I didn’t grow up wanting to get married, and I still don’t. I support the marriage movement, and marched through Los Angeles when Prop 8 passed, because I believe fervently in equal rights. But marriage was never part of my vision for my life. I guess I prefer making up my own rules rather than accepting somebody else’s. I think people see that I have a partner, two children, a dog, and a house with a white picket fence, and they immediately think that I’m living a version of the heterosexual American Dream. But that’s really not how I see myself at all.

I was at the Long Beach Pride Parade this year and there were floats for Wells Fargo, Ralph’s, Jet Blue and a slew of other corporations. The emcee was shouting “When I say Wells, you say Fargo. Wells…. Fargo. Wells… Fargo.” I was appalled. Someone told me, “Well at least they support the gay community.” To which I say, it should be a given that major corporations support the gay community. That doesn’t mean they deserve a float in our parade. My version of gay pride is celebrating all the things that make us different, not where we bank and buy cereal. I like the rebellious side of gay culture. I like pushing the boundaries of the mainstream.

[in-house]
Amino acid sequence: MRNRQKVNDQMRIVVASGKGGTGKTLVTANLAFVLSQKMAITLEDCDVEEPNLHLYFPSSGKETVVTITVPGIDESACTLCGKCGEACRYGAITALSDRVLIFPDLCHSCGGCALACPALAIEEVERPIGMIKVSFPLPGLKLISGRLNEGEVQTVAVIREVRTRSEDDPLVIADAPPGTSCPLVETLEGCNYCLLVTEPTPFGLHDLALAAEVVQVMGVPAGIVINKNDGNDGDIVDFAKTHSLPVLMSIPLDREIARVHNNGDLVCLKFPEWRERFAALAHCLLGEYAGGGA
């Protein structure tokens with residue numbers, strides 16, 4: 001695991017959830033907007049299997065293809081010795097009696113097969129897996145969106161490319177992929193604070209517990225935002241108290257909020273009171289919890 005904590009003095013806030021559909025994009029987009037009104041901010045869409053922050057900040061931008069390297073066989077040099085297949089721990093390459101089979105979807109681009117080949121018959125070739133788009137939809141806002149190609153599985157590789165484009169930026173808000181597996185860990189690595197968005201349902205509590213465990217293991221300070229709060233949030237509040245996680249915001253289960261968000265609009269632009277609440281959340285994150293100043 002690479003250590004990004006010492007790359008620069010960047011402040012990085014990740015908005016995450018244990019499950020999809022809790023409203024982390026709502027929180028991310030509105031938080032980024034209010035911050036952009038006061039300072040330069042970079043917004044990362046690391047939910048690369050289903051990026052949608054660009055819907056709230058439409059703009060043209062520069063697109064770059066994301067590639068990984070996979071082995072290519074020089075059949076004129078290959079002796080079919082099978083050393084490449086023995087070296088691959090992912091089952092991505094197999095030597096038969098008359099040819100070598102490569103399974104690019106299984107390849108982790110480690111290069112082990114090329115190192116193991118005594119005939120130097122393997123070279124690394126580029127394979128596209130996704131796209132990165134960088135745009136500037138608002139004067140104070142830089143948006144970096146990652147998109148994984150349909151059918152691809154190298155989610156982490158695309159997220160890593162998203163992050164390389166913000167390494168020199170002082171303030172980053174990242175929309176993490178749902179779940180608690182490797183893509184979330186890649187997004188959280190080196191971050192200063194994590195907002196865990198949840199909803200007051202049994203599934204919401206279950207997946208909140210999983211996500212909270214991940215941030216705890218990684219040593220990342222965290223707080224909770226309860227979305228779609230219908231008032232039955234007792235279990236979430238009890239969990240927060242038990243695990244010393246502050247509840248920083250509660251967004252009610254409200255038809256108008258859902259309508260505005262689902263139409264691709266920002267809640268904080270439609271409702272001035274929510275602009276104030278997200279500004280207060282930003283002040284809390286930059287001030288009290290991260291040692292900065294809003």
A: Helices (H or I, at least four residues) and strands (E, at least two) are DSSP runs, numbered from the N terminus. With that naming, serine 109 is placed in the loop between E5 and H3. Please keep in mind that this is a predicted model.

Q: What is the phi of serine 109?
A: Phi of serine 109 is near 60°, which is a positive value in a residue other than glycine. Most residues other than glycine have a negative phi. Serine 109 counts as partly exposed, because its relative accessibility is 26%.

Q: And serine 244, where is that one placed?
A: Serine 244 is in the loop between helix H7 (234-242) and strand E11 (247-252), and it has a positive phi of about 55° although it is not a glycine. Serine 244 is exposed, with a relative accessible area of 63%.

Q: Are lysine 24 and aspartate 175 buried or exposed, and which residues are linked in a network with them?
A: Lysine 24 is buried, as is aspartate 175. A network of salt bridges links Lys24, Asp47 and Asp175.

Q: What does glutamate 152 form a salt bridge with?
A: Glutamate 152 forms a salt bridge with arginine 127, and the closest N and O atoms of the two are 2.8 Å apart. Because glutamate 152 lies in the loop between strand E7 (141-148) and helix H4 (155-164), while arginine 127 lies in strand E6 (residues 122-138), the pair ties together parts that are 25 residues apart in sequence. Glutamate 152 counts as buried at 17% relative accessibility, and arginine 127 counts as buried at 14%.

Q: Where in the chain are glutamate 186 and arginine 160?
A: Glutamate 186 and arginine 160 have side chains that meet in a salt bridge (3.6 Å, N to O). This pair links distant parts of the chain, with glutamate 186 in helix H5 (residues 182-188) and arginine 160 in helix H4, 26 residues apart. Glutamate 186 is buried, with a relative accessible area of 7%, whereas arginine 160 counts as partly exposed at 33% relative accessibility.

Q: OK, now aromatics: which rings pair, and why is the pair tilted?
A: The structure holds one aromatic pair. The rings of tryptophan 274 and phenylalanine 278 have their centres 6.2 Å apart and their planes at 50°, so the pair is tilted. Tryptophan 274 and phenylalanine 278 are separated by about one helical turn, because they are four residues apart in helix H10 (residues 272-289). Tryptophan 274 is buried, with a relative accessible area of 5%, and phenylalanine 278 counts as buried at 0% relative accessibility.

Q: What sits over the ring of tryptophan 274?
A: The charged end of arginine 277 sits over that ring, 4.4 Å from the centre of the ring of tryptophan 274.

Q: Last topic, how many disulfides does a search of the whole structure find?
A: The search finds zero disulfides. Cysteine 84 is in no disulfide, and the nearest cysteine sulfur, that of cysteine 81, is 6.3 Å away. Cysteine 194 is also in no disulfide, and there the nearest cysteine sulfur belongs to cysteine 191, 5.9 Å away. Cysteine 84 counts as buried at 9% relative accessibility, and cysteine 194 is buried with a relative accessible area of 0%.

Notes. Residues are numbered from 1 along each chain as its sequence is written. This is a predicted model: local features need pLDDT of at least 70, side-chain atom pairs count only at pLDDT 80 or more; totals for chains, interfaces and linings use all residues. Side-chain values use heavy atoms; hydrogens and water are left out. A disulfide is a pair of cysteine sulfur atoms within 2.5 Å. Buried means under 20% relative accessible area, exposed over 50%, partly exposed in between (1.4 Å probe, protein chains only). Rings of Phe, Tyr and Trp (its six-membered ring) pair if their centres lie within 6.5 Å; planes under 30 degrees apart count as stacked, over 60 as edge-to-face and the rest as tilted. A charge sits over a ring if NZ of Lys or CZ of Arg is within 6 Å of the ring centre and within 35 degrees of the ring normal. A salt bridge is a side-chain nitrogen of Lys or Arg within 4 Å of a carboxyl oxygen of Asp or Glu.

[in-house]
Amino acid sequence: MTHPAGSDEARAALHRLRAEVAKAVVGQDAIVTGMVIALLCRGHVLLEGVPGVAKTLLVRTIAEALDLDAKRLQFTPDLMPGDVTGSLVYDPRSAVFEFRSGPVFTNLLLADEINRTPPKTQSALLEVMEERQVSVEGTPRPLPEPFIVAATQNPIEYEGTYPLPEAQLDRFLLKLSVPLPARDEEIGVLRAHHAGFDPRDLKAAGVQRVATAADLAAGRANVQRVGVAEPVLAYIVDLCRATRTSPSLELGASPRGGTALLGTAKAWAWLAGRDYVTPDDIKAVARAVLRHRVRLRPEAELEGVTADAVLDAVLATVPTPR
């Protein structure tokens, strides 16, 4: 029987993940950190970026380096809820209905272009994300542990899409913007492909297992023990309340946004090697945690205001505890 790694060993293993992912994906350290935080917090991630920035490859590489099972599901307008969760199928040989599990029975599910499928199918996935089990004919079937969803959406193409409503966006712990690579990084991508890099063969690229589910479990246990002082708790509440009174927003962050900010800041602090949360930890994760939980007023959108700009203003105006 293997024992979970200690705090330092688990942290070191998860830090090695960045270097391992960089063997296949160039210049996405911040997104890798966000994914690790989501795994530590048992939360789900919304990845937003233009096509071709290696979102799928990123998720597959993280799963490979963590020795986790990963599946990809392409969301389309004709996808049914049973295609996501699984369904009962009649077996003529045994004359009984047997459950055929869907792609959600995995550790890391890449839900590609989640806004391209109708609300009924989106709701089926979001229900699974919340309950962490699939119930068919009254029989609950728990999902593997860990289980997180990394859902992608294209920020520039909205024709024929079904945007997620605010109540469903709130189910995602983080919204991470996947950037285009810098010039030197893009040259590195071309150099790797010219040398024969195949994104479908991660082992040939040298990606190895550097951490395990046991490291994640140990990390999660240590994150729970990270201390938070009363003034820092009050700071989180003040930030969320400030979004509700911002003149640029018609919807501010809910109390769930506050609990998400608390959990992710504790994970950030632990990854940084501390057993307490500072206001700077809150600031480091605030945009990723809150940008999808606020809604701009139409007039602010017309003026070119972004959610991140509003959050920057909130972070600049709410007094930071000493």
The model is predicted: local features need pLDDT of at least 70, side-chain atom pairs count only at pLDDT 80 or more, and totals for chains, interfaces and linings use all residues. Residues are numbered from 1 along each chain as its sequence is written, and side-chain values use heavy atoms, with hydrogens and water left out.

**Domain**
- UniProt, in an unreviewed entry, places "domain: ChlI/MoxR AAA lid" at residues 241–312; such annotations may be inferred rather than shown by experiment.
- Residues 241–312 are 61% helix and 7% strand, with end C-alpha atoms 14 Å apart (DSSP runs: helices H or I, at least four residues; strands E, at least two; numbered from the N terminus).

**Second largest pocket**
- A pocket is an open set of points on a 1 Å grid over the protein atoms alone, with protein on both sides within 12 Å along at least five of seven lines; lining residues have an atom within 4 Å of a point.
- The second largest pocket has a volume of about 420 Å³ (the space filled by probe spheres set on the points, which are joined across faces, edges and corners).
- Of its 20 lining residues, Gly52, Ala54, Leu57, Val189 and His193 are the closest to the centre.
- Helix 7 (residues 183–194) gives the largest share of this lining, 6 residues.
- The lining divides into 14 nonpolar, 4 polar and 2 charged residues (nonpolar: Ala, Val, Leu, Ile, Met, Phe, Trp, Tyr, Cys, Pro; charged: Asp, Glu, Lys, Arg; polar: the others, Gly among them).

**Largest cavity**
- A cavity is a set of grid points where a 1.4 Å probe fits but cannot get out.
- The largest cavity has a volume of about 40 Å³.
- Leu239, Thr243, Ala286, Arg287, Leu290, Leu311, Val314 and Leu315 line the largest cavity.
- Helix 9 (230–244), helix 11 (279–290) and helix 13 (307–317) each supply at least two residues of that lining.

I’m really hopeful about where gay culture’s place in our society is going. That said, I also miss gay culture being more of a hidden secret. The internet has really made counterculture obsolete because it’s hard to know what the dominant culture is anymore. We have become a demographic. I know this is progress, but I can’t help but miss the more subversive and radical side of gay culture. One of the greatest experiences I ever had as a gay man was in Havana. The gay scene there consisted of meeting outside a movie theater called the Yara and waiting for someone to circulate the information of a secret party, which was held in a different spot each night. Drinking and dancing together at these parties felt like a meaningful act of rebellion, without any interference from Absolut promotions and Britney giveaways.